Practice Relating to Rule 14. Proportionality in Attack
New Zealand’s Military Manual (1992) states: “As a general rule, an attack is not to be carried out if it would result in collateral civilian casualties clearly disproportionate to the expected military advantage.”
The manual considers:
The principle of proportionality establishes a link between the concepts of military necessity and humanity. This means that the commander is not allowed to cause damage to non-combatants which is disproportionate to military need … It involves weighing the interests arising from the success of the operation on the one hand, against the possible harmful effects upon protected persons and objects on the other. That is, there must be an acceptable relation between the legitimate destructive effect and the undesirable collateral effects.
The manual also states that “launching an indiscriminate attack affecting the civilian population or civilian objects in the knowledge that such attack will cause excessive loss of life, injury to civilians or damage to civilian objects” constitutes a grave breach.
New Zealand’s Geneva Conventions Act (1958), as amended in 1987, provides that “any person who in New Zealand or elsewhere commits, or aids or abets or procures the commission by another person of, a grave breach … of [the 1977 Additional Protocol I] is guilty of an indictable offence”.
Under New Zealand’s International Crimes and ICC Act (2000), war crimes include the crime defined in Article 8(2)(b)(iv) of the 1998 ICC Statute.
In its written statement submitted to the ICJ in the Nuclear Weapons case in 1995, New Zealand stated:
Discrimination between combatants and those who are not directly involved in armed conflict is a fundamental principle of international humanitarian law. While it is prohibited to actually target civilians and civilian objects, there is no absolute protection from collateral damage. The application of the principle requires an assessment of whether the civilian casualties are out of proportion to the legitimate military advantage achieved and whether collateral damage is so widespread as to amount to an indiscriminate attack.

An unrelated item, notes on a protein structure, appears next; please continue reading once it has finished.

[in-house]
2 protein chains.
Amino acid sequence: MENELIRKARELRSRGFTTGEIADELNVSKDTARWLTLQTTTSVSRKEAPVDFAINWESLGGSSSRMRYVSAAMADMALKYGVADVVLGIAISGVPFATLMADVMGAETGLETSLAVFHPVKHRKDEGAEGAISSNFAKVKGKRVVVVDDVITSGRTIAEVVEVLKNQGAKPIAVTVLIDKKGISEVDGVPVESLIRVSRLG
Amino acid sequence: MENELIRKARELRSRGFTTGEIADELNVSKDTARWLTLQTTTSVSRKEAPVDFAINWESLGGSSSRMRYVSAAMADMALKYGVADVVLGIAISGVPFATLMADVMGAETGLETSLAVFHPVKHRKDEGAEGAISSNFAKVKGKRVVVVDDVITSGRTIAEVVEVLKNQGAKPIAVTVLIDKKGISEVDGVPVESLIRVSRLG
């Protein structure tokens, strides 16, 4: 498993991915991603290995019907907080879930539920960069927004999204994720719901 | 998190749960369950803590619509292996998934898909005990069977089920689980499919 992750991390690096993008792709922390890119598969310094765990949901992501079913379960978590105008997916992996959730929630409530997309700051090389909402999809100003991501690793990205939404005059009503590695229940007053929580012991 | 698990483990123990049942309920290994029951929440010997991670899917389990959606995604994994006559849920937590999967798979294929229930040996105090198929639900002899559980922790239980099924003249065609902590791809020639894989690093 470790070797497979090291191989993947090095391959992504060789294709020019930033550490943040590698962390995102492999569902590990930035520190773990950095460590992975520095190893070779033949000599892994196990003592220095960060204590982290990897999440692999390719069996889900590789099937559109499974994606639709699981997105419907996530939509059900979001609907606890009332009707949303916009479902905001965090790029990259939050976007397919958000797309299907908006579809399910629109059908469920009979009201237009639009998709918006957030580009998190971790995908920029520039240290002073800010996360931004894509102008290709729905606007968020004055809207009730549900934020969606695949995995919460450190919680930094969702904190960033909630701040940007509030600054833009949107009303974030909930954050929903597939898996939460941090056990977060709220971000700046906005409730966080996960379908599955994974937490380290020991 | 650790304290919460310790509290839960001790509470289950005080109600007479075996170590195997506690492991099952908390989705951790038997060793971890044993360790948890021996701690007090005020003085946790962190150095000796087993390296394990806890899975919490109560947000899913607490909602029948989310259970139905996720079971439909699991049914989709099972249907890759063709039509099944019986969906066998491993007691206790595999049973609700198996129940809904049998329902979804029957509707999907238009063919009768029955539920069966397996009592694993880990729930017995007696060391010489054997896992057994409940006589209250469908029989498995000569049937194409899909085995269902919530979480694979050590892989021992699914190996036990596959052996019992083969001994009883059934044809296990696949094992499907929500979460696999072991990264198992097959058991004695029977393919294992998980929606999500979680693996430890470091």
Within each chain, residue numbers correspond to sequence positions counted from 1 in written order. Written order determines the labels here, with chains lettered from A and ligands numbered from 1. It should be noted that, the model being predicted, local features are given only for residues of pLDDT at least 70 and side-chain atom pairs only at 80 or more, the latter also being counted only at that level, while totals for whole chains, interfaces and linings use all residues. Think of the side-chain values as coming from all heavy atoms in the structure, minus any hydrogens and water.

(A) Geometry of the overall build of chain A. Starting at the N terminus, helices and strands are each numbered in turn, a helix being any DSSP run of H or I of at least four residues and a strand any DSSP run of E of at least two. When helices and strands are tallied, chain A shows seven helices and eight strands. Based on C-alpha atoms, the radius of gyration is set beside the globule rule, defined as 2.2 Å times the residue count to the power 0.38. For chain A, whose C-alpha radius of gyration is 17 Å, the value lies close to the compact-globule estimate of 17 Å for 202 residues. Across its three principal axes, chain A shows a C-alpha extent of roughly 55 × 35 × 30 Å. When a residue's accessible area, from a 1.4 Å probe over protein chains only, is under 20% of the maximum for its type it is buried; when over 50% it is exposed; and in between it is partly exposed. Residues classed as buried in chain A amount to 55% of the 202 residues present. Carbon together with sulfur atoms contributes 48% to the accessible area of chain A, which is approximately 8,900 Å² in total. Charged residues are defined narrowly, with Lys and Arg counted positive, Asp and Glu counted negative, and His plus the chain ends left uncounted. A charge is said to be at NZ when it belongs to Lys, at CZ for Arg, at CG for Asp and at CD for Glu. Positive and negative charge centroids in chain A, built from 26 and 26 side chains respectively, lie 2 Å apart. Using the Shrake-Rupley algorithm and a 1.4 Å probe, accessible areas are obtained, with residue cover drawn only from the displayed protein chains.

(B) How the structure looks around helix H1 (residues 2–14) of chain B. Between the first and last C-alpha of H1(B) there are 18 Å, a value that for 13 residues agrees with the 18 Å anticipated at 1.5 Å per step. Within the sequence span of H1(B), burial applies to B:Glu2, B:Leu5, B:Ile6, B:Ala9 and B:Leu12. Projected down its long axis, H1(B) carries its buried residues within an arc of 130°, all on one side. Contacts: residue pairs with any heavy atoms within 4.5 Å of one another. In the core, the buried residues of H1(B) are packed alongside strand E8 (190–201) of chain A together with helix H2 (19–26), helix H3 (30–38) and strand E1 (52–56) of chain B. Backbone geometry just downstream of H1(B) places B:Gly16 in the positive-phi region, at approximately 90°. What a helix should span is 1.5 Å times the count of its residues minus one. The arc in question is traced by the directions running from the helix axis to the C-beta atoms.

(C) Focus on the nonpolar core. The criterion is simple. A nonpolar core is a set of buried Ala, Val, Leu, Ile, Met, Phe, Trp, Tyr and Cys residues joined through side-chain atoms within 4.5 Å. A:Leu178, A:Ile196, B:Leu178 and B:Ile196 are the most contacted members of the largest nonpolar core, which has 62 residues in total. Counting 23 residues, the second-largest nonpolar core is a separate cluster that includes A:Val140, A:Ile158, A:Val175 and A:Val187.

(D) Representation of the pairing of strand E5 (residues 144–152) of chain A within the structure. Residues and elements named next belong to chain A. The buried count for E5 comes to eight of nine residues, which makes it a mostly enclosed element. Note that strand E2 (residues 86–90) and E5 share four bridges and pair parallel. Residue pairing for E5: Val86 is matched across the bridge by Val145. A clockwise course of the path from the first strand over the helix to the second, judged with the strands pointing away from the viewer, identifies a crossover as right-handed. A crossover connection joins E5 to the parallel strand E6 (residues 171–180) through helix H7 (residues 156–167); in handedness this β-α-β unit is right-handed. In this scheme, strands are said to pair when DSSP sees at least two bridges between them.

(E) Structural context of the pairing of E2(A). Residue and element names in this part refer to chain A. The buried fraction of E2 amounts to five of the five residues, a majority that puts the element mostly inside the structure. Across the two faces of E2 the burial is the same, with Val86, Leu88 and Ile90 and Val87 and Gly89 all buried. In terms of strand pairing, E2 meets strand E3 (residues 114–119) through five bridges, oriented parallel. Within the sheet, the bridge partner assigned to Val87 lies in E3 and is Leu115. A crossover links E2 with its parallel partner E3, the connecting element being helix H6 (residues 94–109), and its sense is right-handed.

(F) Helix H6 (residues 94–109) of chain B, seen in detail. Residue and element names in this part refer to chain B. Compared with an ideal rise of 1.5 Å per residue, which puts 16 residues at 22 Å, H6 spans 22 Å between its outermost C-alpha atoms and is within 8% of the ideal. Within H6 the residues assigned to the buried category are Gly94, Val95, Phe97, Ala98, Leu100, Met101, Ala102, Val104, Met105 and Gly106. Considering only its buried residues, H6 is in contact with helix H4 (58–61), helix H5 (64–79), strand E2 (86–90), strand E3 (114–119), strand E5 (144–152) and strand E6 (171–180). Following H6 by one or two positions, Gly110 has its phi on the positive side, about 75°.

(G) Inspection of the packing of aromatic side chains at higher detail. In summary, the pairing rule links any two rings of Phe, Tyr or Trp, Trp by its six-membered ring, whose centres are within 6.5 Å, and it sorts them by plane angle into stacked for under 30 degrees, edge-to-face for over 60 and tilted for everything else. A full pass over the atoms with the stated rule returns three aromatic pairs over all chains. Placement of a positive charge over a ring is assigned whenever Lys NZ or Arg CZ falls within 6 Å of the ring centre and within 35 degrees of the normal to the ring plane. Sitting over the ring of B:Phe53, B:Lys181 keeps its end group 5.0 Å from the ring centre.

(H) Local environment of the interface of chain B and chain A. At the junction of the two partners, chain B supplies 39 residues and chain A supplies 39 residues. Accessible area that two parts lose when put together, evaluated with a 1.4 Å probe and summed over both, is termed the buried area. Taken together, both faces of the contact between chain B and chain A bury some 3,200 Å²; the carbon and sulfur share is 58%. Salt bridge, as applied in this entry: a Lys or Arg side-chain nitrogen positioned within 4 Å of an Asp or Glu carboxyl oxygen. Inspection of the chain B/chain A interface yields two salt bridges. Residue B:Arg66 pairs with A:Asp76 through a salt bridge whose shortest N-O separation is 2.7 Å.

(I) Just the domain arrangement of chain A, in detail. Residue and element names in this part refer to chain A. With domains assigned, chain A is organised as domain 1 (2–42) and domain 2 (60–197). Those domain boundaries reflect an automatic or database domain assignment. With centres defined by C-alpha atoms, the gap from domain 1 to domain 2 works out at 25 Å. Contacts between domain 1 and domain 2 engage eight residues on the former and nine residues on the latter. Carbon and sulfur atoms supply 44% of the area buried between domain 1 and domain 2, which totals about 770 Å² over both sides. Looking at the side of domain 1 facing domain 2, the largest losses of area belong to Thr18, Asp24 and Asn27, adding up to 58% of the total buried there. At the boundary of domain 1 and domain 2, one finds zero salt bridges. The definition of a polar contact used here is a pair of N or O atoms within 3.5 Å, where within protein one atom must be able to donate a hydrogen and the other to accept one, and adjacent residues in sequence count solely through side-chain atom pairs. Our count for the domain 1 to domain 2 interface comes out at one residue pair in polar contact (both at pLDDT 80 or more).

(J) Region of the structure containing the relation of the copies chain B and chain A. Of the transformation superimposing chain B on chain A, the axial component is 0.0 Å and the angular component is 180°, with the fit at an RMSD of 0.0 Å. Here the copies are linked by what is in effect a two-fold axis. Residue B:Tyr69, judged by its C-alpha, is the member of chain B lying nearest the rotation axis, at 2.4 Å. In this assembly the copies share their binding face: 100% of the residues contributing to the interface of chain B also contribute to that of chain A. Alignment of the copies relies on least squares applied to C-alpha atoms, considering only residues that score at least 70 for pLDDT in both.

New Zealand’s Military Manual (1992) states:
In deciding whether the principle of proportionality is being respected, the standard of measurement is the contribution to the military purpose of an attack or operation considered as a whole, as compared with other consequences of the action, such as the effect upon civilians or civilian objects.
Upon ratification of the 1977 Additional Protocol I, New Zealand stated that references to the “military advantage” were intended to mean “the advantage anticipated from the attack considered as a whole and not only from isolated or particular parts of that attack” and maintained that the term “military advantage” involved a number of considerations, including the security of the attacking forces. New Zealand further stated that the expression “concrete and direct military advantage anticipated” meant “a bona fide
expectation that the attack will make a relevant and proportional contribution to the objective of the military attack involved”.
Upon ratification of the 1977 Additional Protocol I, New Zealand stated:
In relation to Article 51 to 58 inclusive, it the understanding of the Government of New Zealand that military commanders and others responsible for planning, deciding upon, or executing attacks necessarily have to reach decisions on the basis of their assessment of the information from all sources which is reasonably available to them at the relevant time.